Sociology is a behavioral science that emphasizes
relationships among people from simple
face-to-face relationships through formal
organizations to whole societies. Sociology’s subject
matter ranges from the intimate family to the
hostile mob, from crime to religion, from divisions
of race and social class to the shared beliefs of a
common culture, from the sociology of work to the
sociology of sports. Sociologists seek to understand
interaction of individuals with institutions and
social organizations and the norms, values, beliefs,
and traditions that make social life possible and
meaningful. It stresses how behavior is influenced by
societal structures and how consensus (agreement)
and conflict (disagreement) among groups
affects society. Sociology students are expected
to be able to think critically and scientifically
about human behavior, and to be able to apply
the principles of sociology to an understanding of
The sociology program has two goals. The first
goal is to provide basic sociology courses that are
foundations for further understanding of other
courses in sociology and related fields and to
prepare for transfer to baccalaureate institutions for further study. The second goal is to offer courses
that may provide additional information regarding
sociology of interest to community college students,
or that are applications of sociological principles.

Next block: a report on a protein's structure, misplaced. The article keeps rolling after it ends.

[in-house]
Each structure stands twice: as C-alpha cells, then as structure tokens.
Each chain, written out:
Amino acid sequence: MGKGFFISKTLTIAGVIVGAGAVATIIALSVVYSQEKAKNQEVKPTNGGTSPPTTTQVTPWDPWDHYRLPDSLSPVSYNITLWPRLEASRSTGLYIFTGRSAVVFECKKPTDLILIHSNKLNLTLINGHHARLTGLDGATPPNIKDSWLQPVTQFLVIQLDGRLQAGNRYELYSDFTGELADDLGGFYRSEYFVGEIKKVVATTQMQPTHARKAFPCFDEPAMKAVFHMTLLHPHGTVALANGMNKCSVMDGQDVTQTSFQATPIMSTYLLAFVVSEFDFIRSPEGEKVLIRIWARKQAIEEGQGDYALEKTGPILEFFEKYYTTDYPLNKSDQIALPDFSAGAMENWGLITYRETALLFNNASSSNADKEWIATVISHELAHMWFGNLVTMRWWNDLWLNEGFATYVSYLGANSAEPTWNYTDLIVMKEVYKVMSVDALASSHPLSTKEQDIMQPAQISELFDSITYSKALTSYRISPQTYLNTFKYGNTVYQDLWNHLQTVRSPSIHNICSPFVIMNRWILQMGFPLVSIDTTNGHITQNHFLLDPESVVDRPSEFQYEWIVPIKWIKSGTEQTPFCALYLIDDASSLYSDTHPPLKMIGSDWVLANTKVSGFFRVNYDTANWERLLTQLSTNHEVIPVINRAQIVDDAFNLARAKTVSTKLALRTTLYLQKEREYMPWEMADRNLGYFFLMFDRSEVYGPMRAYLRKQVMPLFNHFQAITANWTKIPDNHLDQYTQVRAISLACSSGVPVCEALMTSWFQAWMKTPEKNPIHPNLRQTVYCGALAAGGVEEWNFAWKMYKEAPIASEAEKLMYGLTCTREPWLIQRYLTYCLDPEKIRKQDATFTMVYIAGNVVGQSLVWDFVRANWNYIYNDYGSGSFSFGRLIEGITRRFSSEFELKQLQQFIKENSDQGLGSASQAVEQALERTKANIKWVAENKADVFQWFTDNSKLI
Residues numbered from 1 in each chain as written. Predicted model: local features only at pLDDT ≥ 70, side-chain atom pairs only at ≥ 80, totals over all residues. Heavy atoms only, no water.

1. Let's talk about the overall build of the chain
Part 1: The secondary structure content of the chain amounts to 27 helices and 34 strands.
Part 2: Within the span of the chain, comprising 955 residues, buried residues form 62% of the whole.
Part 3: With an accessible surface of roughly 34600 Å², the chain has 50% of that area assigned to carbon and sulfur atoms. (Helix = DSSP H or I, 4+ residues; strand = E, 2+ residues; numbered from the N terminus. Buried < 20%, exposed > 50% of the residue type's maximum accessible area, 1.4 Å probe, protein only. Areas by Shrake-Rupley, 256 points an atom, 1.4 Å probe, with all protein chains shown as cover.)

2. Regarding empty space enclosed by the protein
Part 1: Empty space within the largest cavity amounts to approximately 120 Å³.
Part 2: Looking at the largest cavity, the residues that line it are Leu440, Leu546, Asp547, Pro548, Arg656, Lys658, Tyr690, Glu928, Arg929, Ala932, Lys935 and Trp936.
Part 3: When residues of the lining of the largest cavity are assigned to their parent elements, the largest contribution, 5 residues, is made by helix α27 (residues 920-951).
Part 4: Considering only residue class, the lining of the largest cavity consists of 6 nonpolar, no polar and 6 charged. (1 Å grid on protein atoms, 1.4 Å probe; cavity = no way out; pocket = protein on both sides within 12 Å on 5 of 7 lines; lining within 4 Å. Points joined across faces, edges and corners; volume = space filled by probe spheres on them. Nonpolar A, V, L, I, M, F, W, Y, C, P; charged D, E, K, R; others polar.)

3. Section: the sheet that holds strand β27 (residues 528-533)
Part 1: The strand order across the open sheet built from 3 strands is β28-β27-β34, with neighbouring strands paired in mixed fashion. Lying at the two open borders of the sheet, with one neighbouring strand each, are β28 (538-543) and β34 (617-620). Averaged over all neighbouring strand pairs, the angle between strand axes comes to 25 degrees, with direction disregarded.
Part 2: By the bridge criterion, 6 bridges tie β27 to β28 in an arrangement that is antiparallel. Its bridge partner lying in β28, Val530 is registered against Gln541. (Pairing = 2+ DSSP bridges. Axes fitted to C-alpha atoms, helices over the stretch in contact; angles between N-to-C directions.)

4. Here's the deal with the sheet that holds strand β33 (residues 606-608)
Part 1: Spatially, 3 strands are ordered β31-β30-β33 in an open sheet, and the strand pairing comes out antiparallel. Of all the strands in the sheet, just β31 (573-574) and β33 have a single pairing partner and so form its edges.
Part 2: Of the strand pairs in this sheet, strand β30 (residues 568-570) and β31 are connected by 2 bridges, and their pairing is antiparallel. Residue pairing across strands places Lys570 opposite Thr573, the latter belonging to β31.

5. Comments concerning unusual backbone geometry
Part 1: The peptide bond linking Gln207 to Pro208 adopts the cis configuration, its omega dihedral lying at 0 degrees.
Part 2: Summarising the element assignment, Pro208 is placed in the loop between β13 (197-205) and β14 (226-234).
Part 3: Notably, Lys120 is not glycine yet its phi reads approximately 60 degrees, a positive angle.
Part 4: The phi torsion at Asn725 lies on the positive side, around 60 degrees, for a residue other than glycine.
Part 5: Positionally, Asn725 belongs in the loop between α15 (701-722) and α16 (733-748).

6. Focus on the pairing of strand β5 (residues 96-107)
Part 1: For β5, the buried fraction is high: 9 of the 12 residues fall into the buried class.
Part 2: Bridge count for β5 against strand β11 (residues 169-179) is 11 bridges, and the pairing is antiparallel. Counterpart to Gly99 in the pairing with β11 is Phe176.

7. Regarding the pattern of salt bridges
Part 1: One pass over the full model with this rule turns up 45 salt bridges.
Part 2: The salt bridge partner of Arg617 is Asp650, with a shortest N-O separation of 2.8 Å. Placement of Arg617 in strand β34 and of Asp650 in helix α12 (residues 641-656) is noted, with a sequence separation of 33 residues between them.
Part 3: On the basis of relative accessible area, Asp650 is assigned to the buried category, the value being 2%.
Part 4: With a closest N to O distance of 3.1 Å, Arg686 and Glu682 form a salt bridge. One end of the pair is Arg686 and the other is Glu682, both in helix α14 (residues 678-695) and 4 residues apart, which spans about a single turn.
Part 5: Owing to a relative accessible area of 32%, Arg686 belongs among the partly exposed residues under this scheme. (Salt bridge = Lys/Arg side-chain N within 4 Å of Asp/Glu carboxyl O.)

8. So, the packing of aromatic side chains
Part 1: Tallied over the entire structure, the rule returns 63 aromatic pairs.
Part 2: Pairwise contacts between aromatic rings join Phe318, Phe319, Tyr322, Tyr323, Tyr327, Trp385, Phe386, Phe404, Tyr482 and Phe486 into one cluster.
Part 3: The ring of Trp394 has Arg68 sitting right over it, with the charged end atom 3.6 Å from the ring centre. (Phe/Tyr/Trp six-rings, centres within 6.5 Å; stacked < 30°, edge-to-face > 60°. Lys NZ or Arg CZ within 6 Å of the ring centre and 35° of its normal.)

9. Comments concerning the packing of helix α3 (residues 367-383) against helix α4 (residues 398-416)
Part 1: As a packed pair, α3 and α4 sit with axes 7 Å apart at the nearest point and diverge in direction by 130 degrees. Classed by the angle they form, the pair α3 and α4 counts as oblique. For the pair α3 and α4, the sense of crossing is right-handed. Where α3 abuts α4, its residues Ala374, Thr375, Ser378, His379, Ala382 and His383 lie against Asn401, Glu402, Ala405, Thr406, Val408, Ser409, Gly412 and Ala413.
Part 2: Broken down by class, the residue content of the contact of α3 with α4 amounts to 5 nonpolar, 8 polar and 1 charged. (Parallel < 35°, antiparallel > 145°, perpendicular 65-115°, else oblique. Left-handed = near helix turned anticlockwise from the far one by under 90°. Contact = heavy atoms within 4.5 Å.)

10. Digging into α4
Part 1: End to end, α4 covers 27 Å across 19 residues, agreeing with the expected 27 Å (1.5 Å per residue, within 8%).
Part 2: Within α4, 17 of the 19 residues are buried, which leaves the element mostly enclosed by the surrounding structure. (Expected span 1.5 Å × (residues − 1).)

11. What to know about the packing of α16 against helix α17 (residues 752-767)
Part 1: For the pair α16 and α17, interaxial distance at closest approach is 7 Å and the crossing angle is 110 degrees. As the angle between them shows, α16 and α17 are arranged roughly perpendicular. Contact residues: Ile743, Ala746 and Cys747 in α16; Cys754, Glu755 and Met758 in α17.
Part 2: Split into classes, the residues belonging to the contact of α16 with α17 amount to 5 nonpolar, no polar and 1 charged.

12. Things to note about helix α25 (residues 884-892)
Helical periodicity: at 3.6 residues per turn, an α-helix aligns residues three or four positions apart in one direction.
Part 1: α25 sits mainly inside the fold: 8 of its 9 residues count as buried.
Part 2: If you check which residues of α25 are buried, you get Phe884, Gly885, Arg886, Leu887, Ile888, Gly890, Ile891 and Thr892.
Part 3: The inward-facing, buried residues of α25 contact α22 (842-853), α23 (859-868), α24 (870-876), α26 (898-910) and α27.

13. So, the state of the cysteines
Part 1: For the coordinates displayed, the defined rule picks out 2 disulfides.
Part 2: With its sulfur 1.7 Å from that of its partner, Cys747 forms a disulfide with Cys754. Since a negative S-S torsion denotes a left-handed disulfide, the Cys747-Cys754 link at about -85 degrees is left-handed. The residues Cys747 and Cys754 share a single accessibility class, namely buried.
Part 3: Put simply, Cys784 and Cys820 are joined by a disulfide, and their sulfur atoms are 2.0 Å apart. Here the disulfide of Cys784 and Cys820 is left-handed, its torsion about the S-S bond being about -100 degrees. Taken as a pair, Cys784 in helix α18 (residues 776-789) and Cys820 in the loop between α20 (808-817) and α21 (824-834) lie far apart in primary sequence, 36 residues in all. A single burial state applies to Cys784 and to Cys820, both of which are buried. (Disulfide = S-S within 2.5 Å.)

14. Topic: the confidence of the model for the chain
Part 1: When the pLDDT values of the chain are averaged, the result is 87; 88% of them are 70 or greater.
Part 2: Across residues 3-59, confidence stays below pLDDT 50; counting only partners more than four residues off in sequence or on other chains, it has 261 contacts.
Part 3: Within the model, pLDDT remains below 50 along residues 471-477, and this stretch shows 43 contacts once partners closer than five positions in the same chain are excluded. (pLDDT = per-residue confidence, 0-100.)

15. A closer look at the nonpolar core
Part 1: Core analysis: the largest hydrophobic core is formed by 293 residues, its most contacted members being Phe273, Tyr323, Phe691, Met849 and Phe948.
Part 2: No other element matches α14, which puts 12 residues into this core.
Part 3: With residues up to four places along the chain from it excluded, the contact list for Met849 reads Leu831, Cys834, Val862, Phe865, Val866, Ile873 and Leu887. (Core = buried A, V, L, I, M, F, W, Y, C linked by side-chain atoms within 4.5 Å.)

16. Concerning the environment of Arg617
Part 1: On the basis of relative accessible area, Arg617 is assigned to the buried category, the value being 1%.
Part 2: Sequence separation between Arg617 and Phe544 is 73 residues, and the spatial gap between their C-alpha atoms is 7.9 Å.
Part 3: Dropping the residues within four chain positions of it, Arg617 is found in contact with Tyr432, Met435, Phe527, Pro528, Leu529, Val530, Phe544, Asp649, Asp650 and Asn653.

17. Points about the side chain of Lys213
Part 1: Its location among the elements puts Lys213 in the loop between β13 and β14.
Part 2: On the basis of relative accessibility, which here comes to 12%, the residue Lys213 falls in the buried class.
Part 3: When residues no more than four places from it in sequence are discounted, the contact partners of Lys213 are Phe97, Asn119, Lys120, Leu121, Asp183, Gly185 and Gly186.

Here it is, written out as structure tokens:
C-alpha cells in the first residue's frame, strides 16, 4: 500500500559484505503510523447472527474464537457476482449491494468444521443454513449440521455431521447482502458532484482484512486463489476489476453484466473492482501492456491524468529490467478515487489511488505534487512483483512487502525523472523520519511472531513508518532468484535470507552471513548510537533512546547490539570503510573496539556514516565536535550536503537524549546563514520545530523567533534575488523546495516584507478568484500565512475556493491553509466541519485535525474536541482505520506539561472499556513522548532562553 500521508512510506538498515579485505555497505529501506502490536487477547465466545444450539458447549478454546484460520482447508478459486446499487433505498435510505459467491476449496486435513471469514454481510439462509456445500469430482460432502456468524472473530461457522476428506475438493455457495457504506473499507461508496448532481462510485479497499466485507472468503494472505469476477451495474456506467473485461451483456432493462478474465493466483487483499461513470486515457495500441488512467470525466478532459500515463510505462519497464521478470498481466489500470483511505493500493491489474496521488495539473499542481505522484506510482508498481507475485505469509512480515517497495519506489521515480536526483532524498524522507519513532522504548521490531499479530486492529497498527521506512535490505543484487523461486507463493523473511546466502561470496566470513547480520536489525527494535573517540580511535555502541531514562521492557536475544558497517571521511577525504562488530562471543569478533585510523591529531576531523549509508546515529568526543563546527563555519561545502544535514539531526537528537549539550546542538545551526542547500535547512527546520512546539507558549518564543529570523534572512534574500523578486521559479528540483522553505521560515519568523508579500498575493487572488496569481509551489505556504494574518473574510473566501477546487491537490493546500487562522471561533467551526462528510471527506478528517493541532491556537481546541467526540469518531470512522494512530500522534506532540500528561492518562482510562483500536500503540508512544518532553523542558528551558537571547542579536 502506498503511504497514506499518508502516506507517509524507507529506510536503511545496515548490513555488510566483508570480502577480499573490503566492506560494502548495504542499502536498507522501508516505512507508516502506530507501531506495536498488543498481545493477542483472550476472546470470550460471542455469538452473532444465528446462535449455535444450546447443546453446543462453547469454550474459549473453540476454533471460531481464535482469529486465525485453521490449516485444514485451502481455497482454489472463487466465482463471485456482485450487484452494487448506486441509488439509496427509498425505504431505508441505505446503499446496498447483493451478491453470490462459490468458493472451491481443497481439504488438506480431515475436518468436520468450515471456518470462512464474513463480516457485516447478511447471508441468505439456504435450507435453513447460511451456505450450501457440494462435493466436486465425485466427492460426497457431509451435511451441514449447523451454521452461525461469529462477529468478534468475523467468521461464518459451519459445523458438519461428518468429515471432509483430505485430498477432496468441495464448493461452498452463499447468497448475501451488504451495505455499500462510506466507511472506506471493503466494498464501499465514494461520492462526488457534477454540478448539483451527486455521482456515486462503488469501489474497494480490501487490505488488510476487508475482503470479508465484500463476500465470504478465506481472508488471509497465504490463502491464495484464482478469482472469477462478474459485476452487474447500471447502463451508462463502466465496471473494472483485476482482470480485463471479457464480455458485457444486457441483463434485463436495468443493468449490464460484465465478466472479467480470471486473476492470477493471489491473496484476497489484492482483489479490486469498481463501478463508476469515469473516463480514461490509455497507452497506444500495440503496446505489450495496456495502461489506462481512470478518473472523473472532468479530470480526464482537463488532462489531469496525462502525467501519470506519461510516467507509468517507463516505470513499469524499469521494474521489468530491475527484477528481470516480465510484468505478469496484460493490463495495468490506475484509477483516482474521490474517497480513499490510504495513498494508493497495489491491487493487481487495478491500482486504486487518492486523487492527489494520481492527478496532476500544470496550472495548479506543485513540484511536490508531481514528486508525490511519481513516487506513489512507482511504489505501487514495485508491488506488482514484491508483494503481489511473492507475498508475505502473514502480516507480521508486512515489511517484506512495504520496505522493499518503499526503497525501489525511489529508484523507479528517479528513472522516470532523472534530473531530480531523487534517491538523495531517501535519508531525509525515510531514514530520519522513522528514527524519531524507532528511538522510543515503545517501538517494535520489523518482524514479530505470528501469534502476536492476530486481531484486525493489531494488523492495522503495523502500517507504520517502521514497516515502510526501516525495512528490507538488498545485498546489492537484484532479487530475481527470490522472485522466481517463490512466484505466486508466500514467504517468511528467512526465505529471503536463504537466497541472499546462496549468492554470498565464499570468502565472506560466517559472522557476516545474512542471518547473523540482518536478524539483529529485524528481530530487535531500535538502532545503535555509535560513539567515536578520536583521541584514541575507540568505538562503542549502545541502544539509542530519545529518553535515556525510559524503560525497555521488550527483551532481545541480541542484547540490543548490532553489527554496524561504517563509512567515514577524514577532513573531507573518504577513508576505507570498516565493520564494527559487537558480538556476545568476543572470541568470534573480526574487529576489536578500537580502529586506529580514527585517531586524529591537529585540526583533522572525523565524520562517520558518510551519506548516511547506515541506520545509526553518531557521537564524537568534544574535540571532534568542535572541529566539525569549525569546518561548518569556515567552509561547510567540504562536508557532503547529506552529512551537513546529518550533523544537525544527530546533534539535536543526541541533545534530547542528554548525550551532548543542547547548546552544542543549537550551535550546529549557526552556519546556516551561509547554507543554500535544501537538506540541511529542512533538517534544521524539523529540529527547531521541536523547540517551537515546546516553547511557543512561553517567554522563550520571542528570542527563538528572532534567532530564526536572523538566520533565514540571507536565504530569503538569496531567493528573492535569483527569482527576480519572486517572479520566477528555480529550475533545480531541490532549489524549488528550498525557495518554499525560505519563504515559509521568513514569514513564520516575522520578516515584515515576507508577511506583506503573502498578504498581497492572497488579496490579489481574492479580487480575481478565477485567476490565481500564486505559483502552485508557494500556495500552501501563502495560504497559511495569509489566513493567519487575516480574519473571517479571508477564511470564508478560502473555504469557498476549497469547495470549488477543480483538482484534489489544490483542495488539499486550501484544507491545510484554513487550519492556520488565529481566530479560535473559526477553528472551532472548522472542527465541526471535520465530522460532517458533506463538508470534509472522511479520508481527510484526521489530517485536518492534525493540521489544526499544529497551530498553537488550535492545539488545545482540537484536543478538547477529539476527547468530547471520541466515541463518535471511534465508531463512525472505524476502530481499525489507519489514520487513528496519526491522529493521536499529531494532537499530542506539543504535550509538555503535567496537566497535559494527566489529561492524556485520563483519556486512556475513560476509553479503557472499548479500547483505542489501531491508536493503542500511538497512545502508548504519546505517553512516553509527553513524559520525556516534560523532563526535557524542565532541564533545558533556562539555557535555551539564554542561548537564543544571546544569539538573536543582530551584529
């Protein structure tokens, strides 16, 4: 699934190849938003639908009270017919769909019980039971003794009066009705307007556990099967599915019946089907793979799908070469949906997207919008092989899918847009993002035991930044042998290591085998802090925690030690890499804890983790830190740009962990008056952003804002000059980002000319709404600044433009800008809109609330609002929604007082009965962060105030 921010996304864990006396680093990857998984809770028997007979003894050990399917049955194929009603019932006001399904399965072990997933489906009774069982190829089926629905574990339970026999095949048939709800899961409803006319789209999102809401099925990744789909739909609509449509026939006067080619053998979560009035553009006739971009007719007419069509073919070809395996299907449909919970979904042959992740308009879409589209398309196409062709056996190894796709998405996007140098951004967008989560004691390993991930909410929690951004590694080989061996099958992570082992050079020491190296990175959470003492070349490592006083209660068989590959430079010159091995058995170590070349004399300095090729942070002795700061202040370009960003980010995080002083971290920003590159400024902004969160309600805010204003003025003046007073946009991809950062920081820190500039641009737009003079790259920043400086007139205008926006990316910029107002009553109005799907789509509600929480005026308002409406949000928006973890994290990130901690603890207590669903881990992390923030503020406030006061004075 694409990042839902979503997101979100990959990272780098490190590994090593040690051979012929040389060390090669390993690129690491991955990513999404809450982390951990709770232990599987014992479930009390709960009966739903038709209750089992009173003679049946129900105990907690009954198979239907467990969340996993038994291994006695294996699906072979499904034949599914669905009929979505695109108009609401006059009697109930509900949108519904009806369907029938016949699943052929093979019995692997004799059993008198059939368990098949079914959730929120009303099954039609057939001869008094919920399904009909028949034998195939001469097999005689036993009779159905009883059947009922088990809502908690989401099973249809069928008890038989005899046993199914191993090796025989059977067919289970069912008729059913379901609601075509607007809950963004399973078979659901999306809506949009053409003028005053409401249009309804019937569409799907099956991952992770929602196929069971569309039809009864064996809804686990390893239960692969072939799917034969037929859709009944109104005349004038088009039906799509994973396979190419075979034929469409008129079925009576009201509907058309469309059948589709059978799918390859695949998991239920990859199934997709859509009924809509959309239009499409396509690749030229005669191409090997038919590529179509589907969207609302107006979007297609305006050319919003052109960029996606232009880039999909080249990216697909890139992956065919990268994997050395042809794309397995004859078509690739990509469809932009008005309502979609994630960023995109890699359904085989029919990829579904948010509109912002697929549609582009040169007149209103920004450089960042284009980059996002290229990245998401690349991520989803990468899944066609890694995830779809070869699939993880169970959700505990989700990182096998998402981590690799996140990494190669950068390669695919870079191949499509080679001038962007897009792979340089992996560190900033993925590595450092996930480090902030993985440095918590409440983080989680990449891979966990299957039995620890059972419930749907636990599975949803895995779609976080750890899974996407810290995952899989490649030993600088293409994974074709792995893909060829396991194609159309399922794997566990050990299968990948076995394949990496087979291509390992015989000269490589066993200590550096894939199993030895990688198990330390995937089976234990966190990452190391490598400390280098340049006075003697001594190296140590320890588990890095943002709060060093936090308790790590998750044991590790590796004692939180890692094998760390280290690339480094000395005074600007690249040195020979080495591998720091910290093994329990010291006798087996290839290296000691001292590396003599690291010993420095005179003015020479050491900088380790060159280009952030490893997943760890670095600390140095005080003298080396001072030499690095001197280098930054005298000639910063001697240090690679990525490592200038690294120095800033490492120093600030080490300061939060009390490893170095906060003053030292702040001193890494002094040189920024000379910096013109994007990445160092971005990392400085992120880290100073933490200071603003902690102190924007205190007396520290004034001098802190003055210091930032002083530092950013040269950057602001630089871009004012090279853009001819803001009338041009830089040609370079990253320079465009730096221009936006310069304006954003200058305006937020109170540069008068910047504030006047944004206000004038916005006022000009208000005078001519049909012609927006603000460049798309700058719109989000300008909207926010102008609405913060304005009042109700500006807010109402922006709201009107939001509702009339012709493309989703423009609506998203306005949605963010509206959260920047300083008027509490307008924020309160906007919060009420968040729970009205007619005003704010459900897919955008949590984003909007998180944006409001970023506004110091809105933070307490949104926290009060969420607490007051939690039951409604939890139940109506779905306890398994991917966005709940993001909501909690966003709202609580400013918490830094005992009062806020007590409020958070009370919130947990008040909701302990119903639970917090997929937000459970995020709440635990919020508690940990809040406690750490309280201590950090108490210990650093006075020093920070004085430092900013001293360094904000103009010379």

Most career options directly related to sociology
require graduate level degrees. However, there are
several applied and paraprofessional occupations
that may not require education beyond the associate
degree. The following list includes some of the
many career options available with preparation
in sociology beyond the associate degree:
advertising researcher, community college professor,
criminologist, manager, probation officer, social
services professional, and university professor.
Student Learning Outcomes
Students who complete the program will be able to:
- Apply the sociological imagination and be able to differentiate between sociology and other social sciences.
- Analyze critical inquiry of personal experience, over-generalization, and simplistic understandings of human behavior through the application of various sociological theories.
- Propose critical questions and issues facing our society today, particularly the US role in a globalized world.
- Critically assess how the theoretical underpinnings of sociology explicitly challenge the dominant ideologies in US society and the role of sociology to produce social change.